“Homeless Hotspots” Stir Controversy
A program that was intended to generate income and good will for homeless people at South by Southwest sparked a huge backlash.
“Wireless connection! 4G! You need to get online? I’m your guy! Hotspot! Hotspot!” Mark West shouted as he stood outside the Austin Convention Center, wearing a shirt that said, “I’m Mark. A 4G Hotspot.” West is one of about a dozen homeless people who took part in Homeless Hotspots – a pilot program conceived by New York-based advertising company BBH Labs.
“This company BBH gave me an opportunity to own my own little company for a few days in order to bring in some income and help me out financially,” West said. “It’s a great opportunity.”
West is paid $20 a day and receives a donation from people who use the Wi-Fi hot spot. The suggested donation is $2 per 15 minutes. People can pay with their smartphones and he gets the money later in a lump sum.
When signing up to use one of the hot spots, you can read a biography of that homeless person. That’s an important feature for Clarence Earl Jones, who’s also in the program. He was standing on the other side of the convention center.
“We hear a lot of things on the news. We see a lot of things,” Jones said. “They paint a certain picture about [the] homeless and that’s wrong.”
But almost as soon as the homeless hot spots launched on Sunday, there was a fierce backlash – much of it fueled by social media. The program offended many bloggers and people on Twitter, who called it “horrifying,” “dystopian” and “dehumanizing.”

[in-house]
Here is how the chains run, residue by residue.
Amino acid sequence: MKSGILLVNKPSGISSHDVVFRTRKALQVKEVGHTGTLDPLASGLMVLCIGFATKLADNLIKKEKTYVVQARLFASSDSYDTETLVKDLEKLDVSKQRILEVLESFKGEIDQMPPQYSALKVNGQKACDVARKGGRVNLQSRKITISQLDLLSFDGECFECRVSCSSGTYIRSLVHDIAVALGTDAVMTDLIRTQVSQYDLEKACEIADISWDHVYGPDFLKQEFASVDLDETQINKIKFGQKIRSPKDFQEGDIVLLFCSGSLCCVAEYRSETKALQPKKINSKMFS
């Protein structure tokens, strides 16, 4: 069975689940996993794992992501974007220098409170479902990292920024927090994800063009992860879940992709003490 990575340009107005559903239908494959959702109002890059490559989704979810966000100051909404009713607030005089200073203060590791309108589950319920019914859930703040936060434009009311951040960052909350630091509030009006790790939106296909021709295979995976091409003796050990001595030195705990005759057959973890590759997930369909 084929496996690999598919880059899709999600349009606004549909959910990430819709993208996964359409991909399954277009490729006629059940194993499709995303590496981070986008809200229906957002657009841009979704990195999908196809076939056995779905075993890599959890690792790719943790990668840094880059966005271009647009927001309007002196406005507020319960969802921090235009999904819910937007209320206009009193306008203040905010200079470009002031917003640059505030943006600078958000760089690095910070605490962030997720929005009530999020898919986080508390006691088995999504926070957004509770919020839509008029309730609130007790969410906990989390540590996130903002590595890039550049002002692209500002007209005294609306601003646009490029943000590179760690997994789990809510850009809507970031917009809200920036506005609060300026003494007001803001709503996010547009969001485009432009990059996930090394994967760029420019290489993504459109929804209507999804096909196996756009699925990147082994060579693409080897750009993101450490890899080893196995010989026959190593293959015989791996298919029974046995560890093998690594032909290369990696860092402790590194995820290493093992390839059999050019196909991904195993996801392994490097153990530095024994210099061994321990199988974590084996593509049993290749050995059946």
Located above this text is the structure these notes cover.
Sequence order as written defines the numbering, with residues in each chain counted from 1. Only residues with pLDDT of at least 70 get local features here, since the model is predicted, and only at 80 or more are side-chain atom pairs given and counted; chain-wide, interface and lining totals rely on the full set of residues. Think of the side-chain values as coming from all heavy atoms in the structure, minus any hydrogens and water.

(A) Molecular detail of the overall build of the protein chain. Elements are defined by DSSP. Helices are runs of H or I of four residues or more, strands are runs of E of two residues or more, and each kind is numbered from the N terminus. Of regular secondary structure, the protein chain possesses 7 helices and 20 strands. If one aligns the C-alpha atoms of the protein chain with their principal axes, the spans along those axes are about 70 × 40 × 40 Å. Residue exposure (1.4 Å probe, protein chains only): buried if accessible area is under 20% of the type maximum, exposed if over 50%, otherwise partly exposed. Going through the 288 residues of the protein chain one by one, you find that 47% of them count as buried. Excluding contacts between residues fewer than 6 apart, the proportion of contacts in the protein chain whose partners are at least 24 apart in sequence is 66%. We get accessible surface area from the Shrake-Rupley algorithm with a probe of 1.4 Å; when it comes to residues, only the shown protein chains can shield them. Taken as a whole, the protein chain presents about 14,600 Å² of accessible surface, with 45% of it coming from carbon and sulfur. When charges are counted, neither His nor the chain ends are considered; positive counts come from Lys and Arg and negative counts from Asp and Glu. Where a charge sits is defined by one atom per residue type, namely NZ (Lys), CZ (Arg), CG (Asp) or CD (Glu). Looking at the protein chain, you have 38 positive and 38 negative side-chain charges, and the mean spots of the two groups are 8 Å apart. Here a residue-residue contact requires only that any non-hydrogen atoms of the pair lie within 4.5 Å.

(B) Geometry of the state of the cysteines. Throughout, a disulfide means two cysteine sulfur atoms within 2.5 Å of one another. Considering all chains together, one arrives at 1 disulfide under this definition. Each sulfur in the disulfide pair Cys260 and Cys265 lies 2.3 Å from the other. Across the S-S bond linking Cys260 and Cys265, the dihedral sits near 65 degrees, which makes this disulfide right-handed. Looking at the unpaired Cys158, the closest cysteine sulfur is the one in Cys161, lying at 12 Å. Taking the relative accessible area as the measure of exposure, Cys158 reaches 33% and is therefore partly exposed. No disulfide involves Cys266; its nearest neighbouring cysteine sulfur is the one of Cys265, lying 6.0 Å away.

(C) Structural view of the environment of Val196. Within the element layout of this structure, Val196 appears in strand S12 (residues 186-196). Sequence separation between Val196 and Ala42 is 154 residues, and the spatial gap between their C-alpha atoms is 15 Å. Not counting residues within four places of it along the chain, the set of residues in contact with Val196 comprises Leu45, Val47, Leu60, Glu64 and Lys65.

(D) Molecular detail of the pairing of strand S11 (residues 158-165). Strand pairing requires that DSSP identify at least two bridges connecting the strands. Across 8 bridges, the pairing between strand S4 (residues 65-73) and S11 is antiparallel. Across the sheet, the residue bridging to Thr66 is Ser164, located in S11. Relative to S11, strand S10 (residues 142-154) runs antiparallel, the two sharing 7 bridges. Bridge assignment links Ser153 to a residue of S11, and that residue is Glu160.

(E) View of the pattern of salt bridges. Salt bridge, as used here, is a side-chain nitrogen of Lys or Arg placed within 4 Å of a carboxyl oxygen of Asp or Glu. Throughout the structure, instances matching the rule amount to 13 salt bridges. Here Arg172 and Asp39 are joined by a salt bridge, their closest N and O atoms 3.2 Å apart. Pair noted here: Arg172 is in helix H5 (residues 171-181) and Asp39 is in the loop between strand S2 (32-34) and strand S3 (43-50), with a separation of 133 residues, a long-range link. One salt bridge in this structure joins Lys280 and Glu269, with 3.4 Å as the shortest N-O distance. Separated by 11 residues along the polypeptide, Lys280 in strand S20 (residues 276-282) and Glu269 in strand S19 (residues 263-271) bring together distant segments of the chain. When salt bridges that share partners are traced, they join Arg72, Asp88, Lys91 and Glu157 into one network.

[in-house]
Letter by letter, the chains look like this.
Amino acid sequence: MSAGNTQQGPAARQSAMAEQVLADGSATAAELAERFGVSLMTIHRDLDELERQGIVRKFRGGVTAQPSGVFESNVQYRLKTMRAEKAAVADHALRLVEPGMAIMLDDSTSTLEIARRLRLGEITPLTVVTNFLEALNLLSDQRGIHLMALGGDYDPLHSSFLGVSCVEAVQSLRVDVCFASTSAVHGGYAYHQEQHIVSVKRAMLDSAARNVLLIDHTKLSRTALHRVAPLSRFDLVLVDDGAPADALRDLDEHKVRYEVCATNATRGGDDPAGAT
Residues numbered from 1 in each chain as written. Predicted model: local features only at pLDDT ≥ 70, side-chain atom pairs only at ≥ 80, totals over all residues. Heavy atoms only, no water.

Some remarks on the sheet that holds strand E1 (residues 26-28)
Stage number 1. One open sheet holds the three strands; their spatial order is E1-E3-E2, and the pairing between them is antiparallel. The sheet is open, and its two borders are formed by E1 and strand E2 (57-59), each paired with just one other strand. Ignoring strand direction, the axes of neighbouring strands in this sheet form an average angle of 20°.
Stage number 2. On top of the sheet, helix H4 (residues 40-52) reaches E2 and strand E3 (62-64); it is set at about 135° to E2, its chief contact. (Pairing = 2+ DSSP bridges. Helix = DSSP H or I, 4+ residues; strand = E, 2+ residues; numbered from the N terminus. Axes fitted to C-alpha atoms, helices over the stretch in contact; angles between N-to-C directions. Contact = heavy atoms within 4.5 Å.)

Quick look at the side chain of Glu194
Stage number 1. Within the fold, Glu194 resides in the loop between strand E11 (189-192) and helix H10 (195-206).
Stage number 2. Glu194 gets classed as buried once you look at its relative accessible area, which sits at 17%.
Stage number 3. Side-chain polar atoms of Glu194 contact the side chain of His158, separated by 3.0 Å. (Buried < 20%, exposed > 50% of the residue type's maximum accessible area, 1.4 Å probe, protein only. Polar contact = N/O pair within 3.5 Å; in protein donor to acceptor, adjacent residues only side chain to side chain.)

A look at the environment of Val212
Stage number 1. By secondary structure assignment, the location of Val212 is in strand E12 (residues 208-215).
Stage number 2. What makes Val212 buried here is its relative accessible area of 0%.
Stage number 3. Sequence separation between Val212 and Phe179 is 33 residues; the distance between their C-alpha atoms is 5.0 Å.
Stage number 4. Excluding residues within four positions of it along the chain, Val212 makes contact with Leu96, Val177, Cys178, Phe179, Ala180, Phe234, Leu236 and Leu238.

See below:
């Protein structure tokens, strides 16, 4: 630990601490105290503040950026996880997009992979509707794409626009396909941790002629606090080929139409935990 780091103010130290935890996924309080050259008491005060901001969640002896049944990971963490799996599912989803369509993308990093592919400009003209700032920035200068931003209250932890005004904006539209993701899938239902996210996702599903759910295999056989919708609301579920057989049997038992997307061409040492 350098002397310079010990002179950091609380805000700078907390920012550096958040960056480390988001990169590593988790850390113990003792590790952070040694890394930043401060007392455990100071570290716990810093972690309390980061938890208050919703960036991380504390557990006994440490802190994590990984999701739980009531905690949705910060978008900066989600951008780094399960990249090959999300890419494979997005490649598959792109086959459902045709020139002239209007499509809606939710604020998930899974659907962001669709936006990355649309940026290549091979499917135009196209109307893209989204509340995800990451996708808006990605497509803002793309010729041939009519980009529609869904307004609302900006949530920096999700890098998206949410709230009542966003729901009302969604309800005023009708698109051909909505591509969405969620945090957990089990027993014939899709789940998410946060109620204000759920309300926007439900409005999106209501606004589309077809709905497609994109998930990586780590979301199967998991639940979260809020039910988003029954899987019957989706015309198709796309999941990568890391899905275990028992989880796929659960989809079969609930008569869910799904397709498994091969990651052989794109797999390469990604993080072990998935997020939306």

Saneel Radia is BBH’s head of innovation. He has been in damage-control mode since the program began.
“I know that currently our group has been villainized in some ways. That’s unfortunate,” Radia said. “I wish I could tell you that I’m a robot and that it didn’t bother me but it does.”
He said it was supposed to be a modern twist on street newspapers – print publications written and sold by homeless people.
“The goal’s pretty straightforward: to get people to engage with them in conversation and hear their story. And then obviously, the financial motivation,” Radia said. “They keep all the money of the access they sell. They keep those donations themselves.”
“Those who want to participate of their own free will are welcome to do so,” he said. “They have engaged. And they continue to engage, and we’re very pleased with that.”
The program ended yesterday afternoon at 4 p.m. Gibbs and Radia said it was only intended to last for the duration of South by Southwest Interactive. But judging by the visceral reaction of the past 48 hours, BBH Labs has a lot of convincing to do if it wants people to see the Homeless Hotspot program as a charitable experiment worth repeating.